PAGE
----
On Mercy

by Alexei Laushkin

Mercy is about patience. The patience of God really more than our own. Consider God’s standards of mercy. He patiently waits. Consider these words from 2 Peter 3:8-9:

But do not forget this one thing, dear friends: With the Lord a day is like a thousand years, and a thousand years are like a day. The Lord is not slow in keeping his promise, as some understand slowness. He is patient with you, not wanting anyone to perish, but everyone to come to repentance

Now consider the words of Jesus in the gospel of Luke. Luke 13:6-9:

Then he told this parable: “A man had a fig tree growing in his vineyard, and he went to look for fruit on it but did not find any. So he said to the man who took care of the vineyard, ‘For three years now I’ve been coming to look for fruit on this fig tree and haven’t found any. Cut it down! Why should it use up the soil?’

“‘Sir,’ the man replied, ‘leave it alone for one more year, and I’ll dig around it and fertilize it. If it bears fruit next year, fine! If not, then cut it down.

The profound waiting and mercy of God. He will wait to see if life can come from this tree (us) and this soil (our circumstance). Yes he does discipline, yes he does allow for difficulties, but the overarching character is mercy. Even what he allows and the discipline itself is meant for us to do something else. For us to display some other characteristic than the ones we are so prone to.

Consider 1 Samuel. Salvation and rescue is going to come through Samuel, and the young boy is born to a barren woman. A very minor person. What is happening here? Don’t we see the echoes of the Virgin Mary, or Sarah.

God is searching the earth to see if any have sought after him. And in the anguish of infertility he finds a woman whose heart is open, who is zealous to be used. Though her story seems so small and insignificant, her life would be integral in God’s work of bringing  back his people to himself in the midst of gross infidelity and waywardness.

Consider the Mercy of God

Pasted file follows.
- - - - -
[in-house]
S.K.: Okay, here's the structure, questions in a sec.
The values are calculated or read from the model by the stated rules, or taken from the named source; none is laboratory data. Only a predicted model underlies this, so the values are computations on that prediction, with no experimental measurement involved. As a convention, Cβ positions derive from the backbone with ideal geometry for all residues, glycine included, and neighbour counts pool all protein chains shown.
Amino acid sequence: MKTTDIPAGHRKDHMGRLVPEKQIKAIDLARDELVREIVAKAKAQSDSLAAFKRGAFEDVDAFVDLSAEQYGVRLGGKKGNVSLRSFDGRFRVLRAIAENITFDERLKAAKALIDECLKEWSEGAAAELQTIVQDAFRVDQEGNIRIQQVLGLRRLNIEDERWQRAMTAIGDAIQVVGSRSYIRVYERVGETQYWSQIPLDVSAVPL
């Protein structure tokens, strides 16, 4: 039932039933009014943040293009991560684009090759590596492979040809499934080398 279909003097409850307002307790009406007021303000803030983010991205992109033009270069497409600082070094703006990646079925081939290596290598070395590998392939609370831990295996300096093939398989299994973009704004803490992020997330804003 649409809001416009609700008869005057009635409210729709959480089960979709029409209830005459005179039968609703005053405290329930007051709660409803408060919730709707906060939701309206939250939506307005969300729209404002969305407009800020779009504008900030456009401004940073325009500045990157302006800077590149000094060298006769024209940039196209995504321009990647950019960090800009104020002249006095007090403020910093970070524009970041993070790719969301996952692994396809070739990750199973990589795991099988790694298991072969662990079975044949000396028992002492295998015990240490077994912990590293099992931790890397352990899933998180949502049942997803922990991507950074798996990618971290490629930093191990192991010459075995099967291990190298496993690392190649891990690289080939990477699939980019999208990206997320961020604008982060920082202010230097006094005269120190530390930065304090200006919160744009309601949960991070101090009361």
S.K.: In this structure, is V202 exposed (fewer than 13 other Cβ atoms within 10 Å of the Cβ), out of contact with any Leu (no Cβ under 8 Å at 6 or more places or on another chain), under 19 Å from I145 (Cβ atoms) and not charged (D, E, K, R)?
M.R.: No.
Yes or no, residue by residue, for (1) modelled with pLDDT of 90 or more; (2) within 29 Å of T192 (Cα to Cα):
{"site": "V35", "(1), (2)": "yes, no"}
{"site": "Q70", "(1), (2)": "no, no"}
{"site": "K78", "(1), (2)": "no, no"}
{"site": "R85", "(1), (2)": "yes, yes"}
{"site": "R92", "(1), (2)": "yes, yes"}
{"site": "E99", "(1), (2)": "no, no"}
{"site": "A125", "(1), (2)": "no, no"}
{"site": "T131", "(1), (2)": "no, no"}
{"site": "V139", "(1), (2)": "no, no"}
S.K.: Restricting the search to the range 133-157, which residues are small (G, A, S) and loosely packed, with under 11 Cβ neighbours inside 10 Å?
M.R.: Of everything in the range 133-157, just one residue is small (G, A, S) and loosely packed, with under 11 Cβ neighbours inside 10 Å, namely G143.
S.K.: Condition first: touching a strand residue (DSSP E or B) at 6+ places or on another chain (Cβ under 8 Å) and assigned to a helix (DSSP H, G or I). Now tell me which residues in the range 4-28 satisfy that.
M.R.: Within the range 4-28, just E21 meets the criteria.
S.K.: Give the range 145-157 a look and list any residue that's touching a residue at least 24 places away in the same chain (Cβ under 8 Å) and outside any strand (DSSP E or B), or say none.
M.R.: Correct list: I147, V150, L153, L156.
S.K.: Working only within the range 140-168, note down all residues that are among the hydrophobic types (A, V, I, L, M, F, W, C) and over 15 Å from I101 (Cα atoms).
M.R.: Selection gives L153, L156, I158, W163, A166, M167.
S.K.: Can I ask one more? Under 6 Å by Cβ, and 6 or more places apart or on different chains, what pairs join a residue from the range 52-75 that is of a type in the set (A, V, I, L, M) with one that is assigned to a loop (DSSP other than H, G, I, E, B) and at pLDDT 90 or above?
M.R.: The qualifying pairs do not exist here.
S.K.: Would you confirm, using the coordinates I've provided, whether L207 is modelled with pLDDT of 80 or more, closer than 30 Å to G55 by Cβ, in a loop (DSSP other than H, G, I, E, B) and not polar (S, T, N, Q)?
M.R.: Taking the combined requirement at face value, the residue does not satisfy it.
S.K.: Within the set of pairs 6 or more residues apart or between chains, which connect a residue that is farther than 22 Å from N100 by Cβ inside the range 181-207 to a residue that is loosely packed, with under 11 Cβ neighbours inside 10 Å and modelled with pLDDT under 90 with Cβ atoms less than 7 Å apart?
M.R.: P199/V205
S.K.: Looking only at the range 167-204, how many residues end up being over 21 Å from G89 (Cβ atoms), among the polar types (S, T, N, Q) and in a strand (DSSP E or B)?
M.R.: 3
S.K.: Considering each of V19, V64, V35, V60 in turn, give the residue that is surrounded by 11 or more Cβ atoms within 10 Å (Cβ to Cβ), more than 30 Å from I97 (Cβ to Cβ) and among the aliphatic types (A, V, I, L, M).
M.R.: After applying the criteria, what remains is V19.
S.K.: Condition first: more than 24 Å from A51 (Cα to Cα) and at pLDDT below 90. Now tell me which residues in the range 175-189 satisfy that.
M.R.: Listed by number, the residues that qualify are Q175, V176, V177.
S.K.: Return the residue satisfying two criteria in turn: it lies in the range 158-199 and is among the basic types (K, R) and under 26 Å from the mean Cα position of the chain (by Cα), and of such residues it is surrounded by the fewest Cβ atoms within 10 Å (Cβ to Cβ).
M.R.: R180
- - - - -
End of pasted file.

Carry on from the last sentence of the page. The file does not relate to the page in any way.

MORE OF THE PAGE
In a few chapters into Samuel, Israel will be defeated, though they had the ark of the covenant in their midst when battling the Philistines. This will be a watershed moment. A moment so shocking that the very identity of the nation will be thrown into question.

And yet, the story we are to follow isn’t the calamity (which is significant to awaken the people), but the broader story of the clearing of corrupt leadership and the establishment of Samuel and eventually of Saul (who would prove unfaithful) and David.

A high-mark of God’s faithfulness and his work among his people is around the corner, and yet the calamities are necessary to make the story and life of David even possible.

The mercy of God isn’t about getting what we want when we want it, it is about seeing the broader story of how God turns wayward hearts back to him. As with Israel so with us. We are wayward in our tendencies and yet God will use the circumstances of life and his goodness to make the possibility of restoration and faithfulness possible again.

His ways are not our ways, nor our his thoughts, our thoughts, but we can be assured just as he was and is faithful to Israel that he will be faithful to his bride the church, and that he will even more like a tender shepherd be with each of us, as he arranges the circumstances of our lives in such a way where faithfulness and holiness, and mercy can take root. For all these stories are ultimately about our dependence on Christ and our seeming inability to see where we need to depend more deeply or see where we have not done so at all.